Researchers at Ohio State University are using the power of supercomputing to find the best molecular configuration to block proteins responsible for breast and prostate cancers. OSU Assistant Professor Chenglong Li and his graduate student Vandana Kumari are using the Ohio Supercomputer Center's high-performance computing resources to search through thousands of possible molecular combinations that could block interleukin-6, which is often overproduced in individuals with cancer.
In 2002, a team of Japanese researchers found that a non-toxic molecule called madindoline A, or MDL-A, could be used to suppress the IL-6 signal. Following up on this research, Li is using a screening program and an OSC compute cluster to sift through more than 6,000 drug fragments to construct an MDL-A derivative that would dock with one of five "hot spots" on the IL-6 protein. So far, Li and his colleagues have identified two possible solutions by combining parts of the MDL-A molecule with sections of a benzyl or pyrazole molecule.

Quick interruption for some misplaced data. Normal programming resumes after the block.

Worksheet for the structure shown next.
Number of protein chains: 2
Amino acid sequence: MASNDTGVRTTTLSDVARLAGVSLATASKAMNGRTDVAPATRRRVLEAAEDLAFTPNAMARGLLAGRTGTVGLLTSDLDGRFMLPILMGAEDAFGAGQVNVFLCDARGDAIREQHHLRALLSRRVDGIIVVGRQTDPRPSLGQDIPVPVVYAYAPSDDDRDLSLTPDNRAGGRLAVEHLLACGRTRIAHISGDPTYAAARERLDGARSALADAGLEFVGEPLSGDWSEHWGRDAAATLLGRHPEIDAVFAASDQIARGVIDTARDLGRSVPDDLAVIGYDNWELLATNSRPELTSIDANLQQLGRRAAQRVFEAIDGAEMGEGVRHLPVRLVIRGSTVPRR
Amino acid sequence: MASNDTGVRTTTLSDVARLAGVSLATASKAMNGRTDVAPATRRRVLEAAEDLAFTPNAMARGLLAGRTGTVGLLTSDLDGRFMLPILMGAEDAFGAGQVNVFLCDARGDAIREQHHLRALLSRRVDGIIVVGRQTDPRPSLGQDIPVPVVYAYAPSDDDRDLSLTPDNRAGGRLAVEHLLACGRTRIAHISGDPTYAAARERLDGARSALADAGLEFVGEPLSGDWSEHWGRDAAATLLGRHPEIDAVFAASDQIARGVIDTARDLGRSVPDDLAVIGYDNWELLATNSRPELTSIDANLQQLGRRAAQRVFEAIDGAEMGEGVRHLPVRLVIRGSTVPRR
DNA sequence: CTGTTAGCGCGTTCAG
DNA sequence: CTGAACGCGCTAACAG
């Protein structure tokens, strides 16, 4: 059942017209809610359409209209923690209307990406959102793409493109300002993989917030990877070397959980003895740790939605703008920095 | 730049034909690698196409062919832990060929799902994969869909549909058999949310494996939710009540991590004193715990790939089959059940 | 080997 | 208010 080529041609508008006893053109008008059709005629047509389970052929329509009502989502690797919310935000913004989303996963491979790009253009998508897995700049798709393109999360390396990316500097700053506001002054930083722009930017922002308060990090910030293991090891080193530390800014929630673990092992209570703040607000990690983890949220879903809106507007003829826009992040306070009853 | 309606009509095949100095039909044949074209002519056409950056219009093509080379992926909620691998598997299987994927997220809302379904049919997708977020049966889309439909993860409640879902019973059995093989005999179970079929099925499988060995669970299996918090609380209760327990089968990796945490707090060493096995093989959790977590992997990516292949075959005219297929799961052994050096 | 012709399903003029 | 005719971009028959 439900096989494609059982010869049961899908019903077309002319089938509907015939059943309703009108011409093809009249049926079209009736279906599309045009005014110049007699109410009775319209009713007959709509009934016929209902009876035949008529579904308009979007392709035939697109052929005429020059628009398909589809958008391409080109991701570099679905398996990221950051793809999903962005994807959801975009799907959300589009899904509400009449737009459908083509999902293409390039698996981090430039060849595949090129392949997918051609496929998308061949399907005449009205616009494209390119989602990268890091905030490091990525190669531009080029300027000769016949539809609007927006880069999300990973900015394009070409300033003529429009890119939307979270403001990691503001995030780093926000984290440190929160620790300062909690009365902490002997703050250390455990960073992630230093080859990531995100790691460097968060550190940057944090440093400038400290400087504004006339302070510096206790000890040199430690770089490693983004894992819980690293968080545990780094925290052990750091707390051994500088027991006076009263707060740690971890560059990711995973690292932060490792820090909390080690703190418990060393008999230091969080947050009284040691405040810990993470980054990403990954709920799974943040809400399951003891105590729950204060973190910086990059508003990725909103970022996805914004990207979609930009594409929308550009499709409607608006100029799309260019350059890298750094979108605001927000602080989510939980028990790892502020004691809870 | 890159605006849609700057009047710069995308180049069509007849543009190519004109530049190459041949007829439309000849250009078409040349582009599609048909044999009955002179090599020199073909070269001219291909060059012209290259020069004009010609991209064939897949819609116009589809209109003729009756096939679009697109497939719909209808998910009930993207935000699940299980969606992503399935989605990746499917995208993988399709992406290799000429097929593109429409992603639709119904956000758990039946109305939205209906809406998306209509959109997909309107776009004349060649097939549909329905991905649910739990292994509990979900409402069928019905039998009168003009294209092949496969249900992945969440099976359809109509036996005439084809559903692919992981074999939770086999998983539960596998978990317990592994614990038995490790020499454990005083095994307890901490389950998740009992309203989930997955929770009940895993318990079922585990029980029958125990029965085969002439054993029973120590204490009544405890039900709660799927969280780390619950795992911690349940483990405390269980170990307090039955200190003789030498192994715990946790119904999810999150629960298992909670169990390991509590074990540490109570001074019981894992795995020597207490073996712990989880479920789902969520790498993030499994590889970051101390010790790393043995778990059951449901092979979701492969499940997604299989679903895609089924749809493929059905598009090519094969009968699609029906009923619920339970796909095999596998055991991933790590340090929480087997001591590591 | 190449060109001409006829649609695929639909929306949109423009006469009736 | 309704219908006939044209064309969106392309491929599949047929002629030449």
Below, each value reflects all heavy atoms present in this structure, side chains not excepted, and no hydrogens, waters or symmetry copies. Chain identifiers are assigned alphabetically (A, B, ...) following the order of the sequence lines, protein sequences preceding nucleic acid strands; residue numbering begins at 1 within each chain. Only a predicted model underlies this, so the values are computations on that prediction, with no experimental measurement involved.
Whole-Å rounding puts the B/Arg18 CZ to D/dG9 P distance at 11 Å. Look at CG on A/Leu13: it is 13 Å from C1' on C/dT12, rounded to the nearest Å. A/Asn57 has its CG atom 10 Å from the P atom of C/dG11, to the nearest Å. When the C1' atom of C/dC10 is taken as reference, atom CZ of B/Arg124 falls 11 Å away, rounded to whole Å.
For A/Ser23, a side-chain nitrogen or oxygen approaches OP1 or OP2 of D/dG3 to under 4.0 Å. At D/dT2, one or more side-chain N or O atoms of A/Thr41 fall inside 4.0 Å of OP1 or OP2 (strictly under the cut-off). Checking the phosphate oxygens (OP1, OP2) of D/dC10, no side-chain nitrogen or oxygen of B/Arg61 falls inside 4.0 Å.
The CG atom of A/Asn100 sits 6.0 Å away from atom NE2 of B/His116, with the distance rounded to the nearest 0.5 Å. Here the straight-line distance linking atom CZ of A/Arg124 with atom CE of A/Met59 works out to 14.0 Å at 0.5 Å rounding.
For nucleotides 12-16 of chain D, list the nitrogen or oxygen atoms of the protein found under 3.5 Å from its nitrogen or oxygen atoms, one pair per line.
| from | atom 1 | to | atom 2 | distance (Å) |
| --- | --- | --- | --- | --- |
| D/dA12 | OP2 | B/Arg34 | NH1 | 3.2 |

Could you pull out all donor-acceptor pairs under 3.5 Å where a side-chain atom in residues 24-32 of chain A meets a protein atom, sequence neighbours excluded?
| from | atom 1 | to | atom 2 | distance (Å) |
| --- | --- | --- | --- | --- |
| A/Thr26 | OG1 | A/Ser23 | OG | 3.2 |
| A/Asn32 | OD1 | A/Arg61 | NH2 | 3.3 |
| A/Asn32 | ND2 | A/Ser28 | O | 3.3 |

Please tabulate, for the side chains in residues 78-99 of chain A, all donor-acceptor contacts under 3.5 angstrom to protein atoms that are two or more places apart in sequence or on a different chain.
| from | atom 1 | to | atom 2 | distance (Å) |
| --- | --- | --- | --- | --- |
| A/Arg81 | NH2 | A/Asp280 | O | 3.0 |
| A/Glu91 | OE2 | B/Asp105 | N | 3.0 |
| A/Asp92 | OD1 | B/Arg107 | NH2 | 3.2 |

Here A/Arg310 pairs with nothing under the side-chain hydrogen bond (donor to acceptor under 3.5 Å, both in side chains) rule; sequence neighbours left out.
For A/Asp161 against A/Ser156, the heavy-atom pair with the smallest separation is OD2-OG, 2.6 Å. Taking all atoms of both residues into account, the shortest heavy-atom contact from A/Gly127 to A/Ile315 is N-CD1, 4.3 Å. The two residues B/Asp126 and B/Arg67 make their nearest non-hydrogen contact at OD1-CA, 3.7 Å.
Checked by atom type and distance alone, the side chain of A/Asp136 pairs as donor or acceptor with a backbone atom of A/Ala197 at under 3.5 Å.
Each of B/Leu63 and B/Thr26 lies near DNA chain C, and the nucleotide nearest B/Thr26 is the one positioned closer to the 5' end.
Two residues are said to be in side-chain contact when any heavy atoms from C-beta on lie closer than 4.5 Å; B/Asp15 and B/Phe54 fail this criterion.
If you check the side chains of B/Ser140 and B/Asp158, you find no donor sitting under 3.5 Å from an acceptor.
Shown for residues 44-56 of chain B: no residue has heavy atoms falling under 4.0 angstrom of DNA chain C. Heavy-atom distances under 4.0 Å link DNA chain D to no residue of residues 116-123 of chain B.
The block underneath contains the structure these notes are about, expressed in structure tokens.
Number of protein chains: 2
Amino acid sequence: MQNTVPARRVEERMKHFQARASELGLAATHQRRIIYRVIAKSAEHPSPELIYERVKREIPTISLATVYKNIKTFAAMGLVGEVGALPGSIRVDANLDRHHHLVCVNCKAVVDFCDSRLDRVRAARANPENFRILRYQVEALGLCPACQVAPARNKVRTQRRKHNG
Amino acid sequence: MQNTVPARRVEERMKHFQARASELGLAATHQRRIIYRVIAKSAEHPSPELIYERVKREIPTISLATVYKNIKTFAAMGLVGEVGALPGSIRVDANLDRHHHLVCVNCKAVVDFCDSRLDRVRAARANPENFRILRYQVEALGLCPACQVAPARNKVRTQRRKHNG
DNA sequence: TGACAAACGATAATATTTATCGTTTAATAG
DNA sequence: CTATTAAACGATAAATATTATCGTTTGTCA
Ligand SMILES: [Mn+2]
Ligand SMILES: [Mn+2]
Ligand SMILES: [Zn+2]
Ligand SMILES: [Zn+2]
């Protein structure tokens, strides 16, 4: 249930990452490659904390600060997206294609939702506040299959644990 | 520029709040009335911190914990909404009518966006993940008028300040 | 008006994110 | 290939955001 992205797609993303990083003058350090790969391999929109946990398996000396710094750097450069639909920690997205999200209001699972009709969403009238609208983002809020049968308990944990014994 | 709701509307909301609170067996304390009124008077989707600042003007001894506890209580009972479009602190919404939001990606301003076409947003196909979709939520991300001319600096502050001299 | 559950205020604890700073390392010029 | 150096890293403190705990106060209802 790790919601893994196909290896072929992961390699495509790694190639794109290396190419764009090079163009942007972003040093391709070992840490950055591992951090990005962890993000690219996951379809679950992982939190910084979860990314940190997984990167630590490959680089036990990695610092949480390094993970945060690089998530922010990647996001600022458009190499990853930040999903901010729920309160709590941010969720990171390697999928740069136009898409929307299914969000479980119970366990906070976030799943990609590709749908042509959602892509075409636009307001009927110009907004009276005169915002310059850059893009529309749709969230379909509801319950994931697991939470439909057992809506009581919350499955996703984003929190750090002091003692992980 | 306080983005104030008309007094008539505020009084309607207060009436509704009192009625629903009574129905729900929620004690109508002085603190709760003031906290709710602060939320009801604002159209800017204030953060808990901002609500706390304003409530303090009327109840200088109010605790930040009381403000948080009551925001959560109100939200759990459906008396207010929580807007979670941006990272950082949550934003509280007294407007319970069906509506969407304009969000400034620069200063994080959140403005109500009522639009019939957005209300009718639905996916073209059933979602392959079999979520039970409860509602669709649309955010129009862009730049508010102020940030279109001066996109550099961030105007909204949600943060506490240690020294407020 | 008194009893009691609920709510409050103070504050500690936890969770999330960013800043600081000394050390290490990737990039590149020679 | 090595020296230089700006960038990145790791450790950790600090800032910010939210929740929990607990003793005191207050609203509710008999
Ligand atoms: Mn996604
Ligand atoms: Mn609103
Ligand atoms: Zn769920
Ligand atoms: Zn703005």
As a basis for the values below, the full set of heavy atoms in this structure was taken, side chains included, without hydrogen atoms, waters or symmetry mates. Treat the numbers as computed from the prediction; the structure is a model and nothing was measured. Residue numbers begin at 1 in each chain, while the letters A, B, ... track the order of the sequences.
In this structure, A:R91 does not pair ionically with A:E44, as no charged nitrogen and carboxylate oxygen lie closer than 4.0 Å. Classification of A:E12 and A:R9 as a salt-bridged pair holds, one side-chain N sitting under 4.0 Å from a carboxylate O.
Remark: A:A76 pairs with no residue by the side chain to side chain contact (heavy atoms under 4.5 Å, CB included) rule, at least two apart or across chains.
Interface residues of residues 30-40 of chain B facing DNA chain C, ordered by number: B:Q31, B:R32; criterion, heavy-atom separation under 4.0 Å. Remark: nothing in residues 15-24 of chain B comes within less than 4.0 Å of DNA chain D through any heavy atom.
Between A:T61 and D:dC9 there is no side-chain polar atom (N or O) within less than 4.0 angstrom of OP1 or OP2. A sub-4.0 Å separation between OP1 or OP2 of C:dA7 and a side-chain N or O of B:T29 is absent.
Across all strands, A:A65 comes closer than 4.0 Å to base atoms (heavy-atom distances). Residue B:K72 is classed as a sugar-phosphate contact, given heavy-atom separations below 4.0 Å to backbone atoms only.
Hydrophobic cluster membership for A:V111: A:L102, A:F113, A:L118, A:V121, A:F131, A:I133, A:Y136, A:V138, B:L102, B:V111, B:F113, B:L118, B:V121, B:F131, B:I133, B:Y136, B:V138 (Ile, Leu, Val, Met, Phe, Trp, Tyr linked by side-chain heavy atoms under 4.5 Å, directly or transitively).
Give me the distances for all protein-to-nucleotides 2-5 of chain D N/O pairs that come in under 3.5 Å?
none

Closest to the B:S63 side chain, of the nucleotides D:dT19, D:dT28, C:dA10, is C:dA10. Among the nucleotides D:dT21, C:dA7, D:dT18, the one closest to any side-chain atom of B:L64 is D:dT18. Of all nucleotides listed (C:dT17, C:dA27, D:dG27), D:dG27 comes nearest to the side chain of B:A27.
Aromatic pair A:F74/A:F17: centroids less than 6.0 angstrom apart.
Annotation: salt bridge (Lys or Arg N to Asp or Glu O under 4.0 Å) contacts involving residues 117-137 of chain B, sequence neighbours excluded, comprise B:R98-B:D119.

To define the interactions between IL-6 and two additional helper proteins, Li needed a powerful computational resource to run his simulations; he used molecular modeling software packages like AMBER and AutoDock. "Super-computing is needed at various stages for this drug design project [because] molecular dynamics simulations are required to pinpoint the feasible hot spots among the protein binding interfaces with ensuing free energy calculations," Li says. "Massive numbers of fragment combinations need to be simulated and lead optimizations require detailed free energy simulations, so parallel runs at OSC Glenn cluster have been greatly facilitating the discovery process."
Ultimately, Li hopes that this approach could change how research for both cancer treatment and prevention is done. "Regarding treatment, targeting the tumor microenvironment, and inhibiting tumor stem cell renewal might lead to a novel way to overcome breast and prostate cancer drug resistance and stop metastasis and recurrence," he says. "As far as cancer prevention is concerned, breaking the link between chronic inflammation and cancer may offer a new strategy."